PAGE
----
The first five minutes or so of “The Oath” were pretty good Battlestar Galactica, if a little on the on-the-nose side of things (as the show can be every so often). But then, oh, then, “The Oath” turned into the awesomest thing that ever walked the face of this Earth. It had its flaws, and I want to pick on them, but, man, oh man, Starbuck shot a guy in the head, and Baltar and Roslin had to work together to help quell a growing mutiny in the fleet, and Adama and Tigh had their very own version of the impossible last stand of so many siege movies, and the whole thing just rocketed along like a leftover script from season one (when the series was most overtly an “action” show). I’d like to criticize the whole thing, but did you hear me? It was AWESOME!

Battlestar Galactica Recap Season 4, Episode 12, “A Disquiet Follows My Soul”

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Battlestar Galactica Recap: Season 4, Episode 12, “A Disquiet Follows My Soul”

Sci-Fi Channel

Battlestar Galactica Recap: Season 4, Episode 12, “A Disquiet Follows My Soul”

“A Disquiet Follows My Soul” is probably going to piss off a lot of Battlestar Galactica fans, especially coming this late in the show’s run. Many of the big plot developments occur offscreen and are only alluded to, the episode tries to shove us into the point-of-view of the members of the fleet instead of our heroes, and the whole thing is more of a grim mood piece about a species giving up without its leaders instead of the razzle-dazzle space opera we’re used to.

Battlestar Galactica Recap: Season 4, Episode 11, “Sometimes a Great Notion”

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<em>Battlestar Galactica</em> Recap: Season 4, Episode 11, “Sometimes a Great Notion”
<em>Battlestar Galactica</em> Recap: Season 4, Episode 11, “Sometimes a Great Notion”

So we’re ALL Cylons now.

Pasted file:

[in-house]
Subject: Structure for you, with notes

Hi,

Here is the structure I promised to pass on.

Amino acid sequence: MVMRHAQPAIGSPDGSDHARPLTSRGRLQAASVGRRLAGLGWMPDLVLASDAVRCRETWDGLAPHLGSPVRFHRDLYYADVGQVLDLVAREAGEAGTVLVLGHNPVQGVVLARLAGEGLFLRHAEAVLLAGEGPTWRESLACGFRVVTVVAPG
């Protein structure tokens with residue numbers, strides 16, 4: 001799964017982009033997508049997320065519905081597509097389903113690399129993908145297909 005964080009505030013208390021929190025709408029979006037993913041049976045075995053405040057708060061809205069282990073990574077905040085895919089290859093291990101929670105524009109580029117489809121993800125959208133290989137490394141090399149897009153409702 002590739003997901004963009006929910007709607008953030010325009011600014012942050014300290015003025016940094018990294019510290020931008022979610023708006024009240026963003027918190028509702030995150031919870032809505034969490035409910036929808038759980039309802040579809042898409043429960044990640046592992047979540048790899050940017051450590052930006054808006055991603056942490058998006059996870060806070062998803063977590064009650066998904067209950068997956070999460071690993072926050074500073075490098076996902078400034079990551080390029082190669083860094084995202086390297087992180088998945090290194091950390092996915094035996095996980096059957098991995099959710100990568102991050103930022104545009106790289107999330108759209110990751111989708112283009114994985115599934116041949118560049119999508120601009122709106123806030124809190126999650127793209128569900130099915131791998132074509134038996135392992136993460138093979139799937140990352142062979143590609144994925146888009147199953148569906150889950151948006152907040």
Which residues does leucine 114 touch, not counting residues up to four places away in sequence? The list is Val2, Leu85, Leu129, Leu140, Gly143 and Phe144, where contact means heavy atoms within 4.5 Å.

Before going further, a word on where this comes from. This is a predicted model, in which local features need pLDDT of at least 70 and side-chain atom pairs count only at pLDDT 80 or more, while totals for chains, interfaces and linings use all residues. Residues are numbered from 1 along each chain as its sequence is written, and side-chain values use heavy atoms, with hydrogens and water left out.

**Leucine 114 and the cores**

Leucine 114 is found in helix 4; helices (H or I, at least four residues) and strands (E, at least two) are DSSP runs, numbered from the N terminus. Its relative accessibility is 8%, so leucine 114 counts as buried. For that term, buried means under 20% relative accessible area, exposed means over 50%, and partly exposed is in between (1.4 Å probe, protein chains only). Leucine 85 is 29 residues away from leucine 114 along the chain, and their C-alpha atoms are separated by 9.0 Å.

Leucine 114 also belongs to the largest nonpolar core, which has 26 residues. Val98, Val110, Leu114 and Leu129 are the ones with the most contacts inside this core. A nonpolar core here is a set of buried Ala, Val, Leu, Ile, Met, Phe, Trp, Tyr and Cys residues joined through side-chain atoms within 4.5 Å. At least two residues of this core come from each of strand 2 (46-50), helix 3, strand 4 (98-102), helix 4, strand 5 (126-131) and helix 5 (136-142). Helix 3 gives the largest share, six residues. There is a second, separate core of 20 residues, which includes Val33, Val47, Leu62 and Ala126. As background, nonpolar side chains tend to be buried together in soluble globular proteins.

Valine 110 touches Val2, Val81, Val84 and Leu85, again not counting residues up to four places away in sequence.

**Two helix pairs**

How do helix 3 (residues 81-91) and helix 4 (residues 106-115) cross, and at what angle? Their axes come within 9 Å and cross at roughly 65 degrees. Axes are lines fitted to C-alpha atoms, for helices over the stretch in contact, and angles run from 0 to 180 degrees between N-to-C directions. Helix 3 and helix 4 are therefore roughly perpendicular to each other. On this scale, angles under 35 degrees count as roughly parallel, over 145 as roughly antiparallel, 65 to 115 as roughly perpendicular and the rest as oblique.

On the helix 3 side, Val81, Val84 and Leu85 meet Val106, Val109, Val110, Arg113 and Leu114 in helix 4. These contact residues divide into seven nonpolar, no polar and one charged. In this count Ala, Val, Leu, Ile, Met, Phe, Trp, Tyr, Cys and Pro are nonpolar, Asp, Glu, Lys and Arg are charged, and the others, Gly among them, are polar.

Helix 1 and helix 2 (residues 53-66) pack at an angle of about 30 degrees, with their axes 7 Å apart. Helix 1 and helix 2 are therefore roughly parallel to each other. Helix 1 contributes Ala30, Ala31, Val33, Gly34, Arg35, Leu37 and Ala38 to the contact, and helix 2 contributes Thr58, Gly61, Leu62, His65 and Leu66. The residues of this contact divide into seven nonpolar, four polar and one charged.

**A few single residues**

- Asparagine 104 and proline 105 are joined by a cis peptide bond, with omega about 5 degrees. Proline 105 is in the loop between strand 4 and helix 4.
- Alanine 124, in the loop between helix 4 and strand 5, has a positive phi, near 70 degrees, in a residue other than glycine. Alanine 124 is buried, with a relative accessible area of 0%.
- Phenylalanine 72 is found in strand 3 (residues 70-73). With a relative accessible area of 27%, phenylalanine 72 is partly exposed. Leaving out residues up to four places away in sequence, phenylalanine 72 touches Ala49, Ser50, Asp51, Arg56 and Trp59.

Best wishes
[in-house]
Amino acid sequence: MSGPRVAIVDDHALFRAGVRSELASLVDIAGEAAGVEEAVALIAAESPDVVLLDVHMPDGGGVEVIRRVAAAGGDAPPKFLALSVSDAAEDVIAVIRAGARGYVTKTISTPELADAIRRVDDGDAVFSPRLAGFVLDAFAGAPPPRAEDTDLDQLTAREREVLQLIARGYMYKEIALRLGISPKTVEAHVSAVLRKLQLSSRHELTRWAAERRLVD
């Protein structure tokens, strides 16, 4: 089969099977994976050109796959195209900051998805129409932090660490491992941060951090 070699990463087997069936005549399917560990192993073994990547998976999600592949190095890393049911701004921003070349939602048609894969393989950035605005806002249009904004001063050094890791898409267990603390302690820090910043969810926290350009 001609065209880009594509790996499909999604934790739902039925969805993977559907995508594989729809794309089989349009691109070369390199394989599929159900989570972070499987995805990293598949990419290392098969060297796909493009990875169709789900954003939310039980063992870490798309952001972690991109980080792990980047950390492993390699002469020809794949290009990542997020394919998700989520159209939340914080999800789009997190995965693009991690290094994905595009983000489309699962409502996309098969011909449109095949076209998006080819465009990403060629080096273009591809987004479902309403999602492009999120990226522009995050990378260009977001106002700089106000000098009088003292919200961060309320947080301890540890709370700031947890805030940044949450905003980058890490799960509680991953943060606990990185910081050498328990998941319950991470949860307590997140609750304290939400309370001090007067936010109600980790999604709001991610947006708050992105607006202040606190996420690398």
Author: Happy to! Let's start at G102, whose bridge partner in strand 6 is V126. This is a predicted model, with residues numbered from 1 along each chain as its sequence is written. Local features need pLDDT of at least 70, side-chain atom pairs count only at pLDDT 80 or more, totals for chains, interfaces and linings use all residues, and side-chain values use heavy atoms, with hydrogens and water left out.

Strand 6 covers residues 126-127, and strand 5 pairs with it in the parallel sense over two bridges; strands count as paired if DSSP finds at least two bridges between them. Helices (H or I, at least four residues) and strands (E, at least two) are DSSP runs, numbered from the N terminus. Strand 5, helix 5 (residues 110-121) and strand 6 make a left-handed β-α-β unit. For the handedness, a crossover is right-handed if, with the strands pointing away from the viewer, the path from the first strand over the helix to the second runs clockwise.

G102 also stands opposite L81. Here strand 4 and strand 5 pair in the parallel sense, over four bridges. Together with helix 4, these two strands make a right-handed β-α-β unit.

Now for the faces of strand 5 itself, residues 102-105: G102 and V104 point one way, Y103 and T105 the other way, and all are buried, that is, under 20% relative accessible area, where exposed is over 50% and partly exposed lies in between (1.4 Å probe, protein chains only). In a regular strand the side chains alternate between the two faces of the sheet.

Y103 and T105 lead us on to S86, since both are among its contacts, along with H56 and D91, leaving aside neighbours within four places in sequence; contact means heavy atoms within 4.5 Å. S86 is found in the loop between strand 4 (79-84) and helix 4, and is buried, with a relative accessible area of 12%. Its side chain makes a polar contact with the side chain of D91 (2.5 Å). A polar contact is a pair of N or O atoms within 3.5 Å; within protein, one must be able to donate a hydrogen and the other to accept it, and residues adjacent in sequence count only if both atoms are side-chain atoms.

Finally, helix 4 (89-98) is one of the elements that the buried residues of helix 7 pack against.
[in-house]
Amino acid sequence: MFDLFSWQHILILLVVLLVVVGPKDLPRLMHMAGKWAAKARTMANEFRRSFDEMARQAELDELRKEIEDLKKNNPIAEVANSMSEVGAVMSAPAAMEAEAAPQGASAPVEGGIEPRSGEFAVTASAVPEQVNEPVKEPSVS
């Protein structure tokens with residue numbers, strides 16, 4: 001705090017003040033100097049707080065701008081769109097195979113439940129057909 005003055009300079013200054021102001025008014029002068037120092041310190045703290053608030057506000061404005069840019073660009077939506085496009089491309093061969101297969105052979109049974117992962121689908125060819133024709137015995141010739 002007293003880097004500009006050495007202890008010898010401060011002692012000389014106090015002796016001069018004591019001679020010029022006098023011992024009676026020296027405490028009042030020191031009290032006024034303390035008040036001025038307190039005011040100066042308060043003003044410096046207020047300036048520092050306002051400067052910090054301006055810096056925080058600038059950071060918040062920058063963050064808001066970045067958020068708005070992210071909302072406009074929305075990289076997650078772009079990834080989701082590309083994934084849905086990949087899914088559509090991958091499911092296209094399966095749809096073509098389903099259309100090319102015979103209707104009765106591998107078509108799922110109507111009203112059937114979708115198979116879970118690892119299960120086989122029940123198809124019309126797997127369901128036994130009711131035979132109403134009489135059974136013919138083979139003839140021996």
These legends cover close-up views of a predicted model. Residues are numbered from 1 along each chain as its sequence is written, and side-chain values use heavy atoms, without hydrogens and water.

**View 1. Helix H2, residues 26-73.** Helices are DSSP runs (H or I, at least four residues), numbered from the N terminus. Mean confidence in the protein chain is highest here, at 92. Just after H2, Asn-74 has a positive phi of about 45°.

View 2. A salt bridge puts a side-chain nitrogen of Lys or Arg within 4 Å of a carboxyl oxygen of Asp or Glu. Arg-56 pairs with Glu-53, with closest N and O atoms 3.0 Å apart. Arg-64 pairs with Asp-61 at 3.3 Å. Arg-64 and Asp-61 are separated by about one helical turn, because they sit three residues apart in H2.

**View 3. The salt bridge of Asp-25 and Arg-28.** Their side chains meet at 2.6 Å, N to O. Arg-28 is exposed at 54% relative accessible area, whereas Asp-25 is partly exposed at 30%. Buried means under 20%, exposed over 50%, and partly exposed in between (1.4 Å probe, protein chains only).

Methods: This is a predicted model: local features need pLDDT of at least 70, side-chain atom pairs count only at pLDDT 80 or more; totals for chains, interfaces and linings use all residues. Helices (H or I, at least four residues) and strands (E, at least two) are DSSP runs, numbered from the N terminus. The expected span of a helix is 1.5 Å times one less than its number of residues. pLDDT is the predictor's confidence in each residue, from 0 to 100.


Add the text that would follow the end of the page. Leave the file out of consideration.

Battlestar Galactica gets a reputation for being a dark show, and some of that is well-deserved. It’s a show that examines some of the worst things human beings can do to each other, and it’s often unflinching in its gaze. Especially as I was reviewing the series’s third season, I would often get in arguments with commenters over the balance between the series’s mythology-advancing episodes, which took the grand master plot and set it skidding in new directions, and the series’s more angst-y, character developing episodes. The character development can often feel glacial when watched on a week-to-week basis, but I’d argue it’s necessary to make anyone give a damn about the show in the first place. What was interesting about “Sometimes a Great Notion” was that it blended a series of big, mythology-altering story points with what was maybe the darkest story yet attempted by the show, an examination of what happens when all of your dreams are crushed. Most other shows, with only a handful of episodes to go, would find a way to give the characters a glimmer of hope at the end of the episode, but Battlestar’s smarter than that. The glimmer of hope here rests solely in the fact that these characters (or at least some of them) simply decide not to give up, even though everything rational might tell them to.